Now we know you love Ouya, we know you want us to build for Ouya... but based on this precedent I expect that you're 'suddenly' going to realize that it might cut into your console licensing and therefor restrict it via the EULA. Hmm... Ouya Ouya EULA... I like that :p

    That's not to say that you will do that to Ouya... but you've already done it to two platforms and one game genre so how can I as a Licensee honestly expect you *not* to do so again?


    Thanks,


    NPSF3000
     
    Last edited: Dec 9, 2012
  45. imtrobin

    imtrobin

    Joined:
    Nov 30, 2009
    Posts:
    1,545
    AngryAnt, you are not seeing this. People here love Unity, they depend on it, invested time and resources learning , and make a living on it. People are Angry (no pun intended) because the way the situation is being handled. If UT came out saying, hey 1.5K for Pro is too low, we need to raise prices to sustain, I think we can understand. After all we don't want UT to go bankrupt. The whole affair of handling this, is a major part of what caused people to be angry.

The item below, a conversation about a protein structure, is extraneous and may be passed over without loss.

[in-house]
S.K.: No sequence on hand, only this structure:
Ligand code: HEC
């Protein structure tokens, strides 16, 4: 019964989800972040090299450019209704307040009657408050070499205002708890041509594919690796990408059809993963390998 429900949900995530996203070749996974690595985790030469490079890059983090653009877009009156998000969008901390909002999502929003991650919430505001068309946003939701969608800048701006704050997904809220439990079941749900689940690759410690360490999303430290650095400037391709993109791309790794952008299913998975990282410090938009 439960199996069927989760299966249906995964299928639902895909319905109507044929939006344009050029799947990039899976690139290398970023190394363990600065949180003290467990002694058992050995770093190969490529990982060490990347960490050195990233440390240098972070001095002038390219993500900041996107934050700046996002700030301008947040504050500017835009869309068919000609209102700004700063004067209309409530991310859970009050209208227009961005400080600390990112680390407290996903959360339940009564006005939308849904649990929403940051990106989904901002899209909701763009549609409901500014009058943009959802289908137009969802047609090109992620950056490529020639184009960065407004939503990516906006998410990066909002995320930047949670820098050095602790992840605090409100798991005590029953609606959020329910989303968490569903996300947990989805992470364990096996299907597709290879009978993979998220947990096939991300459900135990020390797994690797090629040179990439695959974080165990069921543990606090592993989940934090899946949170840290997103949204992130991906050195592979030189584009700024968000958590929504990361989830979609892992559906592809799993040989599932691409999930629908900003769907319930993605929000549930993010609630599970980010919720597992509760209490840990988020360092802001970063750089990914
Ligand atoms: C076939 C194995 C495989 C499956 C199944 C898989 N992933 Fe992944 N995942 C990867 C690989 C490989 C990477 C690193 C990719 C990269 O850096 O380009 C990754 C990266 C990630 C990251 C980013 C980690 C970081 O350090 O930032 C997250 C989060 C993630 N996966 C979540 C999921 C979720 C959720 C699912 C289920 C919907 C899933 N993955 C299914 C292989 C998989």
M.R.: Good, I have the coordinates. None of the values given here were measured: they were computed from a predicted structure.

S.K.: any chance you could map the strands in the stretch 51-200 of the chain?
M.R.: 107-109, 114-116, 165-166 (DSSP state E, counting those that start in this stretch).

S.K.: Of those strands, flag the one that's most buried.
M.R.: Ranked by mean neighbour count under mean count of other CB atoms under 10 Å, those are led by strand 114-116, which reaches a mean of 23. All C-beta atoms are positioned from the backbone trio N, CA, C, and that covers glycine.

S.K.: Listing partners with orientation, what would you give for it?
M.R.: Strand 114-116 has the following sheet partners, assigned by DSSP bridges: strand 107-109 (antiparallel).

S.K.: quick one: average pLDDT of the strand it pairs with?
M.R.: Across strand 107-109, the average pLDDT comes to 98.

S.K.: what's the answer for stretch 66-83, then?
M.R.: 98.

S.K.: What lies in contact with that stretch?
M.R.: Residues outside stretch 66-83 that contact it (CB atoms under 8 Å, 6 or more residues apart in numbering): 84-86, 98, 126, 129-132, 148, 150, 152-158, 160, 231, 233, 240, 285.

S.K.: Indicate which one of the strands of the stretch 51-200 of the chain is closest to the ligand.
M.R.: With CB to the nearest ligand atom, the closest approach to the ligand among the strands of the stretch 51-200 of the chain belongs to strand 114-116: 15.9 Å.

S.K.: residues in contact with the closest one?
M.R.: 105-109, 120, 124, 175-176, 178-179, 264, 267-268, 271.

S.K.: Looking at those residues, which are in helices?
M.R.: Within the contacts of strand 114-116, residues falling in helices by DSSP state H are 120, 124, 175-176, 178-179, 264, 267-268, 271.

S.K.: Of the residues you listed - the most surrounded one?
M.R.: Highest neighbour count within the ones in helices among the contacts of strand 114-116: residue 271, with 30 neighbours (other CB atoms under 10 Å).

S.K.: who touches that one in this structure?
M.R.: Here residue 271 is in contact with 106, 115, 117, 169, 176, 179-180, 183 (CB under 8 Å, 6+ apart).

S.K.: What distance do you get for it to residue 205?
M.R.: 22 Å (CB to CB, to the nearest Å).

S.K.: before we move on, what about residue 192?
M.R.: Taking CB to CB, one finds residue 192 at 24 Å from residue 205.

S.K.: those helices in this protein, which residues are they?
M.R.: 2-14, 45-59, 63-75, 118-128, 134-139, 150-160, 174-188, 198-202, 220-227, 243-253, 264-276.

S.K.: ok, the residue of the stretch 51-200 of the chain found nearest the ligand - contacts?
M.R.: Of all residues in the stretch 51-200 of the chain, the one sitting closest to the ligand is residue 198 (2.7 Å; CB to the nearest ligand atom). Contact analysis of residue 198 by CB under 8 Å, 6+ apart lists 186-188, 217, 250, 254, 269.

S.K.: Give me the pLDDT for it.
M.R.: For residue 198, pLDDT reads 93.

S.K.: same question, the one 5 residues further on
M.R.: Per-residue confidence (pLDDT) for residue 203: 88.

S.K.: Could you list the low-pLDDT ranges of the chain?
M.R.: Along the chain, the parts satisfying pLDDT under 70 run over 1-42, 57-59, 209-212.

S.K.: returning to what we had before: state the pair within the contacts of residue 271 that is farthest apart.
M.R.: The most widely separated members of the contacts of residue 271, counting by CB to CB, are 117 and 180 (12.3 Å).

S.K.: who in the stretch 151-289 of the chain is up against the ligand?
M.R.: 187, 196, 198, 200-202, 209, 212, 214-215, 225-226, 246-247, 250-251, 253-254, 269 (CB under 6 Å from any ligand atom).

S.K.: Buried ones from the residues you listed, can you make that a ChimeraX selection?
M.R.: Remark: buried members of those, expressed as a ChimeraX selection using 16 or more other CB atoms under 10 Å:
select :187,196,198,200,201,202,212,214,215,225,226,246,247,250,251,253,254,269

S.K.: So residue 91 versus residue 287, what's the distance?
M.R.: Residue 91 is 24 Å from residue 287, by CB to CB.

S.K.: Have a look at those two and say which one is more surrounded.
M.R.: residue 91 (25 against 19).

Regarding non desktop deployment, what does it actually mean? If there's a windows build like Windows RT that run .exe fine like Windows XP, again that changes what we can deploy to.
     
  46. flim

    flim

    Joined:
    Mar 22, 2008
    Posts:
    324
    The problem is, how they know the render farm making big cash?
     
  47. KnuckleCracker

    KnuckleCracker

    Joined:
    Dec 27, 2011
    Posts:
    64
    A point of clarity as I see it:

    - I would imagine that UT isn't bothered by the remoteness of cloud gaming. It is the platform abstraction that would be a threat to the current revenue model. Imagine a world not too far from now where you only need target one or two platforms as a publisher, yet your games can be played on various devices and consoles. That's great for developers and potentially bad for UT. No more high end platform licenses, just one flat PC/Linux license. That is, till this was covered by a firewall statement in the v4 EULA.